The Psychological Effects of Workplace Appreciation and Gratitude
March 14, 2023
When’s the last time you were recognized at your job? What immediate feelings did you have when this happened? Whether it’s a simple “thank you” or an office party thrown in your favor, everyone likes to be appreciated. On a surface level, appreciation is good for employee engagement, motivation and retention. Employee recognition and appreciation can also create unique company culture and strengthen employee relationships.
How does workplace appreciation and gratitude bring in these positive effects? Digging deeper, what are the psychological effects concerning appreciation?
There have been numerous studies on the relationship between gratitude and work engagement. Consider this study reported by Harvard Medical School and done by researchers at the Wharton School at the University of Pennsylvania:
“Researchers randomly divided university fund-raisers into two groups. One group made phone calls to solicit alumni donations in the same way they always had. The second group—assigned to work on a different day—received a pep talk from the director of annual giving, who told the fund-raisers she was grateful for their efforts. During the following week, the university employees who heard her message of gratitude made 50% more fund-raising calls than those who did not.”
What compels employees to act this way? The answer may lie within our brain functions.
A Psychology Today article discusses which areas of the brain are affected by appreciation and gratefulness. The hypothalamus, which controls basic bodily functions such as eating and sleeping, and dopamine, the “reward neurotransmitter” are heavily affected from feelings of gratitude. Alex Korb Ph.D writes, “Gratitude can have such a powerful impact on your life because it engages your brain in a virtuous cycle.”
Furthermore, these brain boosts can have significant positive effects in the workplace and in the employee’s work/life balance. Showing gratitude can increase a person’s wellness, increase better sleep habits, increase metabolism and lessen stress. This directly impacts work results and employee interaction. With employee appreciation, you’re not only boosting performance and engagement, but the employee’s well-being and health.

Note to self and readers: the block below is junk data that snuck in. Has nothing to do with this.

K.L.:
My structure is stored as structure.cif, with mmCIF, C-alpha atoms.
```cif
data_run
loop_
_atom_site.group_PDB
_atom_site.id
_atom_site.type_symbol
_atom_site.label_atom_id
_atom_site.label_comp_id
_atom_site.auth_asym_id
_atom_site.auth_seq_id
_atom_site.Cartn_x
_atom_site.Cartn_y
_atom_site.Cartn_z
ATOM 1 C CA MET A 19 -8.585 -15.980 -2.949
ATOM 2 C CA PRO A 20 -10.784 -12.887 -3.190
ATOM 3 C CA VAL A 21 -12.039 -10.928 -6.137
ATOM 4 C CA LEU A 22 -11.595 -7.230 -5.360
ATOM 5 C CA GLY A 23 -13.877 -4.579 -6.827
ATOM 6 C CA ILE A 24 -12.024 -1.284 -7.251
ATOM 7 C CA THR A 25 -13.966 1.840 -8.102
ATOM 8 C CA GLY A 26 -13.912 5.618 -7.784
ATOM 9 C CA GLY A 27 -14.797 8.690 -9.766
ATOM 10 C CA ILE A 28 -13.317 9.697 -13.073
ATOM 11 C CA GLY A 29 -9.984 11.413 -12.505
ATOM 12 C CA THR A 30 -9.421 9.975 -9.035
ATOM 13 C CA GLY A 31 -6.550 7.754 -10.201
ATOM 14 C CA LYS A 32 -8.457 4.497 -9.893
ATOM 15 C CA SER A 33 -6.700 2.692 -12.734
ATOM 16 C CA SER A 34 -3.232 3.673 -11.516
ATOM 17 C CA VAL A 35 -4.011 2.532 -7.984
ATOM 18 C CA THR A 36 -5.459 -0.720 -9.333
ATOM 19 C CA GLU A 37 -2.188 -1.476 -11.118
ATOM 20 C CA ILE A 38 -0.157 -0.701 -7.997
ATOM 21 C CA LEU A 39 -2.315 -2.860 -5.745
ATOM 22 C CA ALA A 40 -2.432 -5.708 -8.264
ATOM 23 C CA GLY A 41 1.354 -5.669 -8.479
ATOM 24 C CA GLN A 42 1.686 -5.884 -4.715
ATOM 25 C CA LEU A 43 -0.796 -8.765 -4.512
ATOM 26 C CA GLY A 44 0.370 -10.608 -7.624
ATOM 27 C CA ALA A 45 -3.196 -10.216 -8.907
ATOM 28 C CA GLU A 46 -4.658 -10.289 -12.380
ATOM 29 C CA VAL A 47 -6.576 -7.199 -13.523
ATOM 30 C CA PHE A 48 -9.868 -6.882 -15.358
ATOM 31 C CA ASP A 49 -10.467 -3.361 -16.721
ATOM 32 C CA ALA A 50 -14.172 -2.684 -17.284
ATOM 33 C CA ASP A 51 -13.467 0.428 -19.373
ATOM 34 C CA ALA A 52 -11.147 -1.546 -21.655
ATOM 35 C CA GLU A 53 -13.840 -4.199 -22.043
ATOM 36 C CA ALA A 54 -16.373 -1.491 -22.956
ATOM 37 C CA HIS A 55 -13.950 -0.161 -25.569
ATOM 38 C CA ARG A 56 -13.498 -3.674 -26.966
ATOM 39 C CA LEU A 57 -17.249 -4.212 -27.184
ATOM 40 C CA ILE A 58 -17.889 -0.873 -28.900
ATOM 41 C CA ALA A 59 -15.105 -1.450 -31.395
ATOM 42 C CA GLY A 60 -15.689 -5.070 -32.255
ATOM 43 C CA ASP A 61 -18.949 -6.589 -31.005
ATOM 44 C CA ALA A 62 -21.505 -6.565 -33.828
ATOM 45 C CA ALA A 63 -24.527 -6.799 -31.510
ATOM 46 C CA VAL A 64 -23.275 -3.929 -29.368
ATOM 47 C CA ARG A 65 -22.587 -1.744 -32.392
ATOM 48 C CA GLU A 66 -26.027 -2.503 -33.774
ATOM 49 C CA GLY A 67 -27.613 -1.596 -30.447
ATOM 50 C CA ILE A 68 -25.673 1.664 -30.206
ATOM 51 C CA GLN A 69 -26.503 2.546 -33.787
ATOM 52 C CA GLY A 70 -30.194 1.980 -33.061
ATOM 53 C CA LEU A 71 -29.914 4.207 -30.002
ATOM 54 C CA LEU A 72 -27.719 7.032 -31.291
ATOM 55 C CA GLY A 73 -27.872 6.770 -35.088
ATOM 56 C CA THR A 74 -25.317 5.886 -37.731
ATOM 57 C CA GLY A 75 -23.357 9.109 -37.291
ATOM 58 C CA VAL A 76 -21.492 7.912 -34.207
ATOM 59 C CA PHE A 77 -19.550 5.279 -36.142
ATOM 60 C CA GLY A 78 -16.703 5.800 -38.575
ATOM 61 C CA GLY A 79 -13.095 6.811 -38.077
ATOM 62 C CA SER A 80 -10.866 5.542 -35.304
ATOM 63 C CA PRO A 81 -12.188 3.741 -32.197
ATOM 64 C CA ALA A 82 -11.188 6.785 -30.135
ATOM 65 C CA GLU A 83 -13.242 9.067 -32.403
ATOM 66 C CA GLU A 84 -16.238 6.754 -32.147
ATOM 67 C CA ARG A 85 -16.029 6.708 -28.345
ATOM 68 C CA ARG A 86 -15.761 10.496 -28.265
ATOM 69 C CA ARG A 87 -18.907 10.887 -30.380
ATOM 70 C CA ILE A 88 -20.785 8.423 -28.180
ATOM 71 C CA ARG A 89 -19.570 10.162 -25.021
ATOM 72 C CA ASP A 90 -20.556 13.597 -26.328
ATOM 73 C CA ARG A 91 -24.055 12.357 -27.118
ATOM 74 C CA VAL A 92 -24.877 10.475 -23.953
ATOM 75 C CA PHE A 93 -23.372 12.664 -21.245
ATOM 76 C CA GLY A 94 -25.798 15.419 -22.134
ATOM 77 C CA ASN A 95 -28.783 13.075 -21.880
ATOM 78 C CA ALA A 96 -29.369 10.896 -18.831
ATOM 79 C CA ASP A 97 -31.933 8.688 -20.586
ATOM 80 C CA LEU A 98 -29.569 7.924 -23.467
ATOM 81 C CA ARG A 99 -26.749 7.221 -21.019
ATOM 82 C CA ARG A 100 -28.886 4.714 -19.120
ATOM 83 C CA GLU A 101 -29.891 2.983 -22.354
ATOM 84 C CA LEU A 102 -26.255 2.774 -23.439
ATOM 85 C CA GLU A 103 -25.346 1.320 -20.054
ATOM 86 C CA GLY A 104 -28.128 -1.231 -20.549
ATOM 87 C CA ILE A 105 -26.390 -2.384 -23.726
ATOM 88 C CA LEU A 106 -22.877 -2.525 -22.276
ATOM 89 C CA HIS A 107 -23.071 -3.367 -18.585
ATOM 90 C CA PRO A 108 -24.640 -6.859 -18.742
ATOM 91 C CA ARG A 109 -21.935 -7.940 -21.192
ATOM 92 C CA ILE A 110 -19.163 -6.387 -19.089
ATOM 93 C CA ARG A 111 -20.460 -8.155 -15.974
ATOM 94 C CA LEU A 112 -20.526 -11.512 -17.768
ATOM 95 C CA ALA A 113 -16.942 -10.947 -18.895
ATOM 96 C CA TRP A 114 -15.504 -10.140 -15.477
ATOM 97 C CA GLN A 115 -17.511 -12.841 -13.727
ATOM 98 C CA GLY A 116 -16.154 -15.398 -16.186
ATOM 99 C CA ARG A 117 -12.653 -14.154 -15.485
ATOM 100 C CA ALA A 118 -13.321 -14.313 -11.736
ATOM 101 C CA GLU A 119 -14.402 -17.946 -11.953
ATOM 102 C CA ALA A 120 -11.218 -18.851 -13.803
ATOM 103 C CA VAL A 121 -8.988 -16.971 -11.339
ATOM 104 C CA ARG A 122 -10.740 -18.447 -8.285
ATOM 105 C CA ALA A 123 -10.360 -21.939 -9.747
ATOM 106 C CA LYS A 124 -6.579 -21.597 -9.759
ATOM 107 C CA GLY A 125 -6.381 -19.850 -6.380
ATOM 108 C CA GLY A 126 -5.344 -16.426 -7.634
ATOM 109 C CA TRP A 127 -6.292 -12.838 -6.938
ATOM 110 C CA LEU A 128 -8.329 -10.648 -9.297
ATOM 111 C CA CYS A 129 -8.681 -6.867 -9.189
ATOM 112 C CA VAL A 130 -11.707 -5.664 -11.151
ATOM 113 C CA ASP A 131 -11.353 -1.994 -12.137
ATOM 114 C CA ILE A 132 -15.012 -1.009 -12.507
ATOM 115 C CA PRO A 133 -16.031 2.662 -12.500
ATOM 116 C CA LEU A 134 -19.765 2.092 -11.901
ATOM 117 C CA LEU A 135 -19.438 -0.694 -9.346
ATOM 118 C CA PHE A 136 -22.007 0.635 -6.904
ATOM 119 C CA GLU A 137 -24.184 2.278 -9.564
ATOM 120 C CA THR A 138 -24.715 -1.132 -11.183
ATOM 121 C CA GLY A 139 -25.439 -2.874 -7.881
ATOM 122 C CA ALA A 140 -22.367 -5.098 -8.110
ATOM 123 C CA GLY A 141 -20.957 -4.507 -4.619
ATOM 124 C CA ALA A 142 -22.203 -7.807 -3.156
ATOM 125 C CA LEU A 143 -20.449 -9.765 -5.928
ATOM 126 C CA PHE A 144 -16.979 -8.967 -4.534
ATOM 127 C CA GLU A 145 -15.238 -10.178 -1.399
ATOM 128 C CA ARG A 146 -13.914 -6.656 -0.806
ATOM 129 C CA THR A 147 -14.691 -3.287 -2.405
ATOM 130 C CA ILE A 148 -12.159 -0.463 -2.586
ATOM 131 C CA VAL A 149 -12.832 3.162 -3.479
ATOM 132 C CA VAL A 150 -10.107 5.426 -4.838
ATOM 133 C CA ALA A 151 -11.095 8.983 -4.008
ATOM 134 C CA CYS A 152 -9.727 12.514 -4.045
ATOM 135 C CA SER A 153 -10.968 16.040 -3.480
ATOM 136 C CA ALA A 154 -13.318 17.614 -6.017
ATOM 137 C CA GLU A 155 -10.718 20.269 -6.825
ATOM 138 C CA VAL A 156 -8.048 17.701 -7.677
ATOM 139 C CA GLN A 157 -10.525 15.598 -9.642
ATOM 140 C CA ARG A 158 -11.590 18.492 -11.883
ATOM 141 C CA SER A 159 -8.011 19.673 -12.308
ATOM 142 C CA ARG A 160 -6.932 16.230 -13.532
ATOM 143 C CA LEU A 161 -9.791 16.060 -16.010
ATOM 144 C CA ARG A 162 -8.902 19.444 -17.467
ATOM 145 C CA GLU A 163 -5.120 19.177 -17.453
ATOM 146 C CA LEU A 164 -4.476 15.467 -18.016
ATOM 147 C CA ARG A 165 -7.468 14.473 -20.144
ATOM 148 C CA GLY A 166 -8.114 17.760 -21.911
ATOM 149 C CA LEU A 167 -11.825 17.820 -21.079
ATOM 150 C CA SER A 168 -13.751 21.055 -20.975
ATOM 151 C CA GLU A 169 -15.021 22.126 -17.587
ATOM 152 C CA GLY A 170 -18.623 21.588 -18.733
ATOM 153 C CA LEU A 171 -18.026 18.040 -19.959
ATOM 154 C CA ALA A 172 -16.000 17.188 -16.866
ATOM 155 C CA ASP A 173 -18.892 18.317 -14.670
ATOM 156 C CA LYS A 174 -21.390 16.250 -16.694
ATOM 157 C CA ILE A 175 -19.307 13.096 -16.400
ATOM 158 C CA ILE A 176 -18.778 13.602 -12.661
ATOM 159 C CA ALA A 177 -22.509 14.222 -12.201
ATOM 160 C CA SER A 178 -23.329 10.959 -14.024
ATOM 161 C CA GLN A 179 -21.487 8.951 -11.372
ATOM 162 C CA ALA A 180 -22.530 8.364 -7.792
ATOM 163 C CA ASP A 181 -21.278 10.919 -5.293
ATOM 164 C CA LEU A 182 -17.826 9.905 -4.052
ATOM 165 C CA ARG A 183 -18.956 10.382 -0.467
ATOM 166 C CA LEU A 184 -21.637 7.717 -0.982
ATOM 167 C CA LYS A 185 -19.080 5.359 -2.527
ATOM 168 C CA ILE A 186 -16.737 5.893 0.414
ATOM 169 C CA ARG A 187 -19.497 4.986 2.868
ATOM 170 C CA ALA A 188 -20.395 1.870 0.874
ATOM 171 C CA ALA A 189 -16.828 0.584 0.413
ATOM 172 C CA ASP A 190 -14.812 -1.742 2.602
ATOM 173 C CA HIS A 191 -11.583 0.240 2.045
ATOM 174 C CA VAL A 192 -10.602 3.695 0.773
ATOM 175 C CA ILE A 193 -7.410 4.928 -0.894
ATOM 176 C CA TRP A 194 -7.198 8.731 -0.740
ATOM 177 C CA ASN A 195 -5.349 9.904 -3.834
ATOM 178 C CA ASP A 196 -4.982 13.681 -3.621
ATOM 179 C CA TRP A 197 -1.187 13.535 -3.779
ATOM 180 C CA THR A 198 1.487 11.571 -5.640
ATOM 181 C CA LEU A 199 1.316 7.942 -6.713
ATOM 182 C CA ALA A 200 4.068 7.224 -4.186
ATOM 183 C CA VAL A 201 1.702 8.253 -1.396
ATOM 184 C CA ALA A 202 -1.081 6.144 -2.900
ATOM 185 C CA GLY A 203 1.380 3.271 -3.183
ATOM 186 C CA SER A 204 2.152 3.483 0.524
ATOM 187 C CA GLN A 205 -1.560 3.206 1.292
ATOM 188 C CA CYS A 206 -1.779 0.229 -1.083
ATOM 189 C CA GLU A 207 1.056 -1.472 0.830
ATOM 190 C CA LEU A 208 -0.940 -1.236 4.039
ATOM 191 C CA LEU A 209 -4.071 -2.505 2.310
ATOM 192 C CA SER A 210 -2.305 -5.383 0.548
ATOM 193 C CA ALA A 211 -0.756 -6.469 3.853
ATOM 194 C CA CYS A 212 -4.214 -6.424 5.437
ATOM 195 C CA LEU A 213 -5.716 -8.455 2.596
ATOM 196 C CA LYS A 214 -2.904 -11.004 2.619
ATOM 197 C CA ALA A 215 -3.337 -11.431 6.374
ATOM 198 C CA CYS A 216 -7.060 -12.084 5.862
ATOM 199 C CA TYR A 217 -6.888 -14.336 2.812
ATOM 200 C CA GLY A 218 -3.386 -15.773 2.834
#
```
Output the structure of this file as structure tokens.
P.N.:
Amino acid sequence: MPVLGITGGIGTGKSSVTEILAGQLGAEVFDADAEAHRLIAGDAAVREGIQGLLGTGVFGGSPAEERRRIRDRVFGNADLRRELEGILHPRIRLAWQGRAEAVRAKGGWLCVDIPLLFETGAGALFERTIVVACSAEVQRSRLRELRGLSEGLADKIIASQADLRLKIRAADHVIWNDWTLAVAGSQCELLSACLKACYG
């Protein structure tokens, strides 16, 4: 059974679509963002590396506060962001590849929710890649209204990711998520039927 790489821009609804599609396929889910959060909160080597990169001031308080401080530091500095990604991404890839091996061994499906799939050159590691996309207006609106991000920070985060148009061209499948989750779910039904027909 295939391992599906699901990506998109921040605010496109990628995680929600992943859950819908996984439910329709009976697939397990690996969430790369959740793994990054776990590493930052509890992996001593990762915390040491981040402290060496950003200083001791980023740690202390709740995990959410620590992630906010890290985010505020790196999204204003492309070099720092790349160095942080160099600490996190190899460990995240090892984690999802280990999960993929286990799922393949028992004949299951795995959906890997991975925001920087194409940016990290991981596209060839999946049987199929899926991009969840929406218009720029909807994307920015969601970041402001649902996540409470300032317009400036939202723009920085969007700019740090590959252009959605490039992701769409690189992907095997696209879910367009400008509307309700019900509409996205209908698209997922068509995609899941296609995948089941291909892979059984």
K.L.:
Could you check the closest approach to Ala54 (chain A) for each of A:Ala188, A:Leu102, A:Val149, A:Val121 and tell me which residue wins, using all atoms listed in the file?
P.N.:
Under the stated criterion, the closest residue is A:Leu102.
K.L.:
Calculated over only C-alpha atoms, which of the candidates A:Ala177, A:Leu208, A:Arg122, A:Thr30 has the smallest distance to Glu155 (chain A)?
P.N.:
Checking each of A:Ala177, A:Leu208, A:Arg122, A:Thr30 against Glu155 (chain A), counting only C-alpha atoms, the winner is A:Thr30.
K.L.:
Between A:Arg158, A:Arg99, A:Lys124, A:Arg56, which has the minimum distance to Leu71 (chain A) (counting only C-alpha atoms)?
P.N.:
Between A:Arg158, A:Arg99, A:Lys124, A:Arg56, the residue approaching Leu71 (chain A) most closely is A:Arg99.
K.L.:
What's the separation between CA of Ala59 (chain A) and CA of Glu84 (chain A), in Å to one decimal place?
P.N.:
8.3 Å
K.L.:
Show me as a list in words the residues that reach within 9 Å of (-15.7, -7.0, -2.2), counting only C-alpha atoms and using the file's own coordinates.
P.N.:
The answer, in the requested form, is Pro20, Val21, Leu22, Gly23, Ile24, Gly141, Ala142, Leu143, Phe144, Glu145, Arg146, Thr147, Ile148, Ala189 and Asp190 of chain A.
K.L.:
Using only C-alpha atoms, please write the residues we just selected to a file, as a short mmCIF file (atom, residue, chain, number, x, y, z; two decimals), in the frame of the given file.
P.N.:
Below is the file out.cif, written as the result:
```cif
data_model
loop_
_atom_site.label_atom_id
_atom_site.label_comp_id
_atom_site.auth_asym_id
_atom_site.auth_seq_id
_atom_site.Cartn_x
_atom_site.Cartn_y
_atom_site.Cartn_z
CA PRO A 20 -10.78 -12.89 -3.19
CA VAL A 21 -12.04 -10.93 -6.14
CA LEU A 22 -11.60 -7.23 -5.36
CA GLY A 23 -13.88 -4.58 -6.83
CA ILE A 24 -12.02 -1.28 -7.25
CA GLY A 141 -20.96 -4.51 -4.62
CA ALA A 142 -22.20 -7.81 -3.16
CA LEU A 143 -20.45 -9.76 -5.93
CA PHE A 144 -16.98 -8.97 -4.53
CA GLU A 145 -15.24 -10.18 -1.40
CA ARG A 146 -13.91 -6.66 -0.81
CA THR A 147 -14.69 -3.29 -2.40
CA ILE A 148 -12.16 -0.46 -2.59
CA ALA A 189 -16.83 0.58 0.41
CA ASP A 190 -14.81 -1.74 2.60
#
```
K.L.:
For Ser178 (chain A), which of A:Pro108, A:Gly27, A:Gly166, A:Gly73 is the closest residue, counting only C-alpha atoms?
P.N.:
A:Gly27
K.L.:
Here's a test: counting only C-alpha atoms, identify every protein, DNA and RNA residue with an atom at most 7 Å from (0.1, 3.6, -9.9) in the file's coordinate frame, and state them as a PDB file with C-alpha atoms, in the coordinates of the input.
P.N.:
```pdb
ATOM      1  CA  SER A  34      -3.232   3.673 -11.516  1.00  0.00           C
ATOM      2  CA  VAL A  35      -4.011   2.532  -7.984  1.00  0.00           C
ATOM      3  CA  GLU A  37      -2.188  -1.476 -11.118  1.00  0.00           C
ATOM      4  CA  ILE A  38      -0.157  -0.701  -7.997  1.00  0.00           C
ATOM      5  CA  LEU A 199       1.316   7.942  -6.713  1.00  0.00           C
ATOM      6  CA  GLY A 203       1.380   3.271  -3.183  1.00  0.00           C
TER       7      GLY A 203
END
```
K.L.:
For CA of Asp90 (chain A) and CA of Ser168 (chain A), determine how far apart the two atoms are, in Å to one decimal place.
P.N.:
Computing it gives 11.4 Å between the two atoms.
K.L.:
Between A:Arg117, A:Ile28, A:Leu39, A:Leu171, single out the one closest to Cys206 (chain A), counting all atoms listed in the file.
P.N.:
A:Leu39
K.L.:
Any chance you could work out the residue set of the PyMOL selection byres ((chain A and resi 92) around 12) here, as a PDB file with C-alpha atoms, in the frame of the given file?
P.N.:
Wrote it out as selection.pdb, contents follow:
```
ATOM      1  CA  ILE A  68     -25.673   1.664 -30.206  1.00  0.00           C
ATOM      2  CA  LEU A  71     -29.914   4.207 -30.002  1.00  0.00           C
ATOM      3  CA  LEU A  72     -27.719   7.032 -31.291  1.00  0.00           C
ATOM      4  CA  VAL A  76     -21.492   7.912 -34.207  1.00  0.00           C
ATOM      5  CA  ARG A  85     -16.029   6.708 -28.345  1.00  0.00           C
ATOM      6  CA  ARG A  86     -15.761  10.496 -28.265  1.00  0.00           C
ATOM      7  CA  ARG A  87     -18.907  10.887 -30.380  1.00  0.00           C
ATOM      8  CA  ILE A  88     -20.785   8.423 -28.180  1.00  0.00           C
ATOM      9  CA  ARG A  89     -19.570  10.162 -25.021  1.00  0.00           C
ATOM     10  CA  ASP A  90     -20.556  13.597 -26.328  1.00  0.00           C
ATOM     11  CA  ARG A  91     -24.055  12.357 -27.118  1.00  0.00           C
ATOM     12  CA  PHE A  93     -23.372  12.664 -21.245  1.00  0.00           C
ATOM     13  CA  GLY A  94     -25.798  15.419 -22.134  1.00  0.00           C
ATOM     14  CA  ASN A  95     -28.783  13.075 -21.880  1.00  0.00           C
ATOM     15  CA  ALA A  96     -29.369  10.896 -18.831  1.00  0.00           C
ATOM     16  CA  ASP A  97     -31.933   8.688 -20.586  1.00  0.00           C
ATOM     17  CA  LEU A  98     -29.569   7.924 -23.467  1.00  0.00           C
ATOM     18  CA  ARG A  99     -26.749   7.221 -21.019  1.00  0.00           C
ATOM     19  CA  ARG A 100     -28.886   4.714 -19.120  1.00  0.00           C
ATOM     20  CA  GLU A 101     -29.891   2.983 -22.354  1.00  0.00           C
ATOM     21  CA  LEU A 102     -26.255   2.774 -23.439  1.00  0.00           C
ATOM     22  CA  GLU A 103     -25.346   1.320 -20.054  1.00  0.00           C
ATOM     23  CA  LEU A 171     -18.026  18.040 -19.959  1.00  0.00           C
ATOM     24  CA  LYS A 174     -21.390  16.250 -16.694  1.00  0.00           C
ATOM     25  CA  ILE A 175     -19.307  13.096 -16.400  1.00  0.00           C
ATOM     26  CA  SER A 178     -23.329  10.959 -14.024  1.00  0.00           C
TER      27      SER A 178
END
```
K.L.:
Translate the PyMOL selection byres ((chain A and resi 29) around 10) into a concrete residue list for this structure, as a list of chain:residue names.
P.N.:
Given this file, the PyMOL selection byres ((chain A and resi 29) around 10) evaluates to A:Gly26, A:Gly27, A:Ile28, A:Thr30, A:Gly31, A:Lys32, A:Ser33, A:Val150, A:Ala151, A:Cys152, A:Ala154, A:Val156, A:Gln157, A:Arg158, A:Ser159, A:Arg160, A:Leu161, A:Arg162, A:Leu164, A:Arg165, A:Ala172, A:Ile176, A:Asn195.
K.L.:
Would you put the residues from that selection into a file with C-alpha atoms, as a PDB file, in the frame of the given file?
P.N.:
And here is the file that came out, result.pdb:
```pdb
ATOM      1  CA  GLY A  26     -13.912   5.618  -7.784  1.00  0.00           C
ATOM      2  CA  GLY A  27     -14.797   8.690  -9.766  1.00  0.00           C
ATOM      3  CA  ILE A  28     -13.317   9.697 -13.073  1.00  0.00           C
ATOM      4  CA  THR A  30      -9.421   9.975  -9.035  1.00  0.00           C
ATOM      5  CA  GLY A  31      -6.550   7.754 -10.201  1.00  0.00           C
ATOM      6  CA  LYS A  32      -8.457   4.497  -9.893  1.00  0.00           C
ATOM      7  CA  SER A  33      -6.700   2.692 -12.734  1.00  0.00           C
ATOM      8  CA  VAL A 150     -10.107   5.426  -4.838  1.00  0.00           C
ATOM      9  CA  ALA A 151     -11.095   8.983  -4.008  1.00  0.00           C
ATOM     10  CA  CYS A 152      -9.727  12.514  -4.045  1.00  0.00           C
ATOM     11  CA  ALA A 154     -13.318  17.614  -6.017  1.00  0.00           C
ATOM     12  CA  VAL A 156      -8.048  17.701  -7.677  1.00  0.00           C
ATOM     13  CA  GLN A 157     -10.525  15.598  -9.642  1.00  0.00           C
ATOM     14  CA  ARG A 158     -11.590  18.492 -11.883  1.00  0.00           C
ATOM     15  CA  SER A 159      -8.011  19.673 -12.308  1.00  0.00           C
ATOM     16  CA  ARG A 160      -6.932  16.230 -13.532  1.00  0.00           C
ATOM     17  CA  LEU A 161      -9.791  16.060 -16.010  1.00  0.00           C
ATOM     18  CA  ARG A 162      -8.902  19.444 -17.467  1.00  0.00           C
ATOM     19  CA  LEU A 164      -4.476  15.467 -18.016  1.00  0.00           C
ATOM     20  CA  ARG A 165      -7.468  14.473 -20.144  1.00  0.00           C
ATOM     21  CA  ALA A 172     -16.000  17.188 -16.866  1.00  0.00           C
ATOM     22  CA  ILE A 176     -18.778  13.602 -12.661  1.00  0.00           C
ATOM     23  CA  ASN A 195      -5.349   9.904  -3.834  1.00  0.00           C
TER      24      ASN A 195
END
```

In addition, showing appreciation or gratitude towards co-workers creates more social and prosocial interaction. According to Positive Psychology Program article, “Gratitude is currently one of the hottest topics in positive emotion research. People who participated in gratitude exercises were found to be more prosocial than others.” The Positive Psychology Program defines prosocial as “promoting other’s well being usually through altruistic acts.” By implementing gratitude into company culture, employees are more willing to spread their positive feelings with others, whether it’s helping out with a project or taking time to notice and recognizing those that have gone the extra mile.
Lastly, as mentioned previously, the greatest psychological effect of appreciation and gratitude is the happiness and other emotions immediately felt whether we’re giving or benefiting from. Gratitude creates good feelings, cheerful memories, better self-esteem, feeling more relaxed and more optimistic. All of these emotions creates a pay it forward and “we’re in this together” mentality in the workplace, which in turn, makes your organization more successful. Plus, the dopamine effect will encourage a continuous cycle of recognition if everyone participates. All of these emotions, plus many more, are what most employers want out of their staff to again, create unity.
Now that you have a better understanding on how important appreciation and gratitude are on a personal level and how it directly impacts the workplace, create an appreciation plan that fits your company values, mission, culture and most importantly, something all employees can participate in and benefit from.